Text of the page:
The presiding bishop of The Episcopal Church, Michael Curry, has begun describing the mission of our branch of the “Jesus Movement” as “loving, liberating, and life-giving.” This alliterative summary of the qualities desired of Christians will prove, I believe, very helpful. Just as it was recently when Bishop Curry said, in a not-so-veiled reference to the current climate of the presidential election process,”If it’s not about love, it’s not about God!” Just so.
The First Letter of John is the New Testament says that “God is love” and an ancient, but familiar Christian chant reads, “Ubi caritas et amor; ubi caritas Deus ibi est.” Where love and charity are, there is God. The Jews have always known that they were recipients of the love of God and even a cursory read through the four Gospels will reveal their central figure, Jesus of Nazareth, as one motivated by love of God and love of other people. This can be seen in his words and in his actions…which were often one and the same.
Liberation, of course, is a theme throughout the entire Bible. From the people of Israel being led out of slavery into freedom to Jesus’ non-violent resistance to the Roman occupation of Palestine and his own peoples’ leaders as complicit in their own oppression, to Paul’s dramatic statement in Galatians that “there is longer Jew nor Greek, no longer slave nor free, there is not longer male and female; for all of your are one in Christ Jesus.”
And the giving of life is likewise a dominant biblical category. The ancient creation story speaks of God breathing life into humankind. The prophet Ezekiel has a vision of God’s spirit breathing new life into the dry bones of Israel. And, according to Christian teaching, Jesus’ resurrection from the dead becomes a kind of “first fruits” of the general resurrection awaiting all of us on the last, great day.
Love, liberation, and the giving of life. Qualities of the Jesus Movement articulated by our presiding bishop.
There is another bishop of The Episcopal Church who has reached a similar conclusion albeit by a somewhat different path. John Shelby Spong (happily now recovering from a recent severe stroke during a preaching mission to the Diocese of Norther Michigan) has been pilloried for years by many inside and outside The Episcopal Church for his controversial positions on many issues.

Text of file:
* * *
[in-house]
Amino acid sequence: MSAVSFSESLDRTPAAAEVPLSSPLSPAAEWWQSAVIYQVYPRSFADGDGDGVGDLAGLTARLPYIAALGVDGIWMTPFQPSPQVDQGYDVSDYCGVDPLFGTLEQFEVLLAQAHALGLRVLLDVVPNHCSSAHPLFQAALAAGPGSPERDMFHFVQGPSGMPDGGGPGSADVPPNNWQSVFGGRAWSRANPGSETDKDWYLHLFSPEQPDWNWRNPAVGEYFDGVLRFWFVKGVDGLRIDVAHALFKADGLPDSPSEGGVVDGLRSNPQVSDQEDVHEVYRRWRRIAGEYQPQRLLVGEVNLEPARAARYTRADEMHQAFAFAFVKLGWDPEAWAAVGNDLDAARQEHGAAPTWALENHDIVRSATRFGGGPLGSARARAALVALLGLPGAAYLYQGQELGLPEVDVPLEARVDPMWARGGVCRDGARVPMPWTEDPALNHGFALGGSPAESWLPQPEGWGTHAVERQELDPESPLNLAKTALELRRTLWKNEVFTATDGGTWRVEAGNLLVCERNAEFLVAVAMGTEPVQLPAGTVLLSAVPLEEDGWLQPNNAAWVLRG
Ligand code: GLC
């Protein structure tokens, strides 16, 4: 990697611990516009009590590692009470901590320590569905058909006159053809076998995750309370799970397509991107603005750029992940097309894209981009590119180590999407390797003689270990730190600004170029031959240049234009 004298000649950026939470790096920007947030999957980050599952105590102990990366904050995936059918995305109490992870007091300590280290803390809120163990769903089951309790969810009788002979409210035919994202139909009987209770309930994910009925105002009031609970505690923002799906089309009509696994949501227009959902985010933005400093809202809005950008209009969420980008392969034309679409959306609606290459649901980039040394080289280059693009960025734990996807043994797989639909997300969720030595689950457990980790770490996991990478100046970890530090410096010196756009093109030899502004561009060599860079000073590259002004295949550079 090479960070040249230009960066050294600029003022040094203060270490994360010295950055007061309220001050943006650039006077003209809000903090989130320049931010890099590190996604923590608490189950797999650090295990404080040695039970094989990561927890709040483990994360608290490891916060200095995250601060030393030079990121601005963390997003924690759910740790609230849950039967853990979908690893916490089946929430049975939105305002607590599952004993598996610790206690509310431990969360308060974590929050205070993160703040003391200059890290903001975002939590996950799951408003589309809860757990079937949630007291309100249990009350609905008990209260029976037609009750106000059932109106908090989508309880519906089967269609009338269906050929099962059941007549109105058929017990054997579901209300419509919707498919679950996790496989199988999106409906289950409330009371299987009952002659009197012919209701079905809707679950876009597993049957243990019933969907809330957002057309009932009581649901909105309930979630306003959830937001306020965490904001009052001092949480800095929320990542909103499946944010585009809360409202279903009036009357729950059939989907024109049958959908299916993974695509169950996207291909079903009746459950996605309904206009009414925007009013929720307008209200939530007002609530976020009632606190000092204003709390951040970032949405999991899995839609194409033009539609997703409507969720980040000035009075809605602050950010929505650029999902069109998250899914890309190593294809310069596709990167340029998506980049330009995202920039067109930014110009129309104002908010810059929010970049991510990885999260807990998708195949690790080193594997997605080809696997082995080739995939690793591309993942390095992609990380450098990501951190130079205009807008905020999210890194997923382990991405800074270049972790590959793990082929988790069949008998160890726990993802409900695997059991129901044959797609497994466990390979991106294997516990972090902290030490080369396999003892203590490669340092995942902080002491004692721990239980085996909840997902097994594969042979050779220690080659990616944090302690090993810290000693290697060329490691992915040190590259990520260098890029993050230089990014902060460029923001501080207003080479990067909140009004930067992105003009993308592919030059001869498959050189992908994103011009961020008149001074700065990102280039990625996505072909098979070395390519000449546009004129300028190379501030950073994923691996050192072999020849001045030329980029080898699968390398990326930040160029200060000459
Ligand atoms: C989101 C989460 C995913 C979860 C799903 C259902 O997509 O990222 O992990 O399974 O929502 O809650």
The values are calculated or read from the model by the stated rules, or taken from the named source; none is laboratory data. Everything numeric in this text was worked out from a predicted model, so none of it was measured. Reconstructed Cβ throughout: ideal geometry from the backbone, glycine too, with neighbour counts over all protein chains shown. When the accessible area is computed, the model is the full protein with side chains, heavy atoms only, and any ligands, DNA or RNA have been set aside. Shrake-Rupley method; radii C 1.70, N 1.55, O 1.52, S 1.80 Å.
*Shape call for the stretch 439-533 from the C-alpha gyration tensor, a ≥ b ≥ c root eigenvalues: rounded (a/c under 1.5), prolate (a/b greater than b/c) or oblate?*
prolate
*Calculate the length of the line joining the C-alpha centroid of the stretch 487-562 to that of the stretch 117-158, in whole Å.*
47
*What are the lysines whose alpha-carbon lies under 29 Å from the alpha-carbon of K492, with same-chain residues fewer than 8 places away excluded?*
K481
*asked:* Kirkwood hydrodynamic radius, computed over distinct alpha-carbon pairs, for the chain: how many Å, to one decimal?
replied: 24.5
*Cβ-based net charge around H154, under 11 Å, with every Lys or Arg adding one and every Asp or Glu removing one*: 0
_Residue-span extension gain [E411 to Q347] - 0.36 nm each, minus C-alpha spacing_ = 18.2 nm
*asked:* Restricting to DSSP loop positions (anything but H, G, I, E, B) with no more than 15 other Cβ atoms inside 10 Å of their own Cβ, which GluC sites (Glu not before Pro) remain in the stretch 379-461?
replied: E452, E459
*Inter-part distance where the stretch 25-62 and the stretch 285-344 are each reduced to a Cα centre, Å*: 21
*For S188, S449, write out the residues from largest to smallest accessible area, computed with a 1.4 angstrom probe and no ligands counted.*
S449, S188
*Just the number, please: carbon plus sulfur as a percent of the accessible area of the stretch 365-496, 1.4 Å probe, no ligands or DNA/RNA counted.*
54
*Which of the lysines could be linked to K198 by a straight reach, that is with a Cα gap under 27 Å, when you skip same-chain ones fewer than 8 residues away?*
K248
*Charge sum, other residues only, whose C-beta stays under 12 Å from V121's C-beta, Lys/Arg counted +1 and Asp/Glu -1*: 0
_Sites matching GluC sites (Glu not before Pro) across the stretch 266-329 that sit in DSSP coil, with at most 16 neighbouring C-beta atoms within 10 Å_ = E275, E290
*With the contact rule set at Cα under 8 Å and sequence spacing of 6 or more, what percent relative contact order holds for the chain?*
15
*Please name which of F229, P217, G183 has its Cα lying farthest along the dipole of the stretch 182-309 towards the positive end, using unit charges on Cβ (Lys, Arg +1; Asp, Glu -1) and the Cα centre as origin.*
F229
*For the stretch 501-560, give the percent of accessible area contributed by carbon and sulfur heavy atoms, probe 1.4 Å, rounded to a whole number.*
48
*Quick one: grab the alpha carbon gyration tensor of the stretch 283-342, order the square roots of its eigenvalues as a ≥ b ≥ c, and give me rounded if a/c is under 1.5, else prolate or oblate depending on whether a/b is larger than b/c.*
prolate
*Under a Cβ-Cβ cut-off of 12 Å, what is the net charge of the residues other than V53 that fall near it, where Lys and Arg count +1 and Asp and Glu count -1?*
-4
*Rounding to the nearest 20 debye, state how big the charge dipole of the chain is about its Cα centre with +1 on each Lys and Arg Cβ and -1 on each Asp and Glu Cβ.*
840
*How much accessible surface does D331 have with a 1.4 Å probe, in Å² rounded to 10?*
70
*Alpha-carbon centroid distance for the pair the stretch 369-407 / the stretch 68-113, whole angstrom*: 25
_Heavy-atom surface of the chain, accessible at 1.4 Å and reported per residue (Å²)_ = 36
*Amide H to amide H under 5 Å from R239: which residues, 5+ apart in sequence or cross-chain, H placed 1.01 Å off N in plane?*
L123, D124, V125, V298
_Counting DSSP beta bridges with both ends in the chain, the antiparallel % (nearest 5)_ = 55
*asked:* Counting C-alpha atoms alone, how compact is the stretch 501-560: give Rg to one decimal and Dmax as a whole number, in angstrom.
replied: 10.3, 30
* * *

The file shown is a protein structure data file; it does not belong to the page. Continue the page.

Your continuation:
Most shocking to many has been his call for a fundamental rethinking of Christian belief away from certain traditional doctrines. He has even posted, in Martin Luther fashion, “Twelve Points for Reform” which shake traditionalists to their core (and go considerably father than I myself am willing to go, while recognizing the legitimacy of many of his observations).
Nonetheless, Spong has mellowed somewhat over the years and, in any case, has been proven to be on the side of the angels in most of the controversies which have faced our church over the last decades from civil rights to the ordination of women to, famously, his early advocacy for the equal place of gays and lesbians in the church. In his recent books, Spong returns again and again to his own tripartite summary of Christianity at its best.
He often writes, “If God is the Source of Life, we should live fully each day. If God is the Source of Love, we should love wastefully each day. If God is the Ground of our Being, we should strive to be all that we can be each day.” Life…Love…Being all that we can be. Sound familiar? While in a different order, I believe they line up pretty well with Michael Curry’s contemporary challenge:
Curry: Loving Spong: Love Wastefully
Curry: Liberating Spong: Be all that you can be
Curry: Life-Giving Spong: Live fully
Two bishops. Each seeing themselves as “evangelists” to today’s culture. Formed in the same generous Anglican tradition. Different in so many ways. United in the important ones.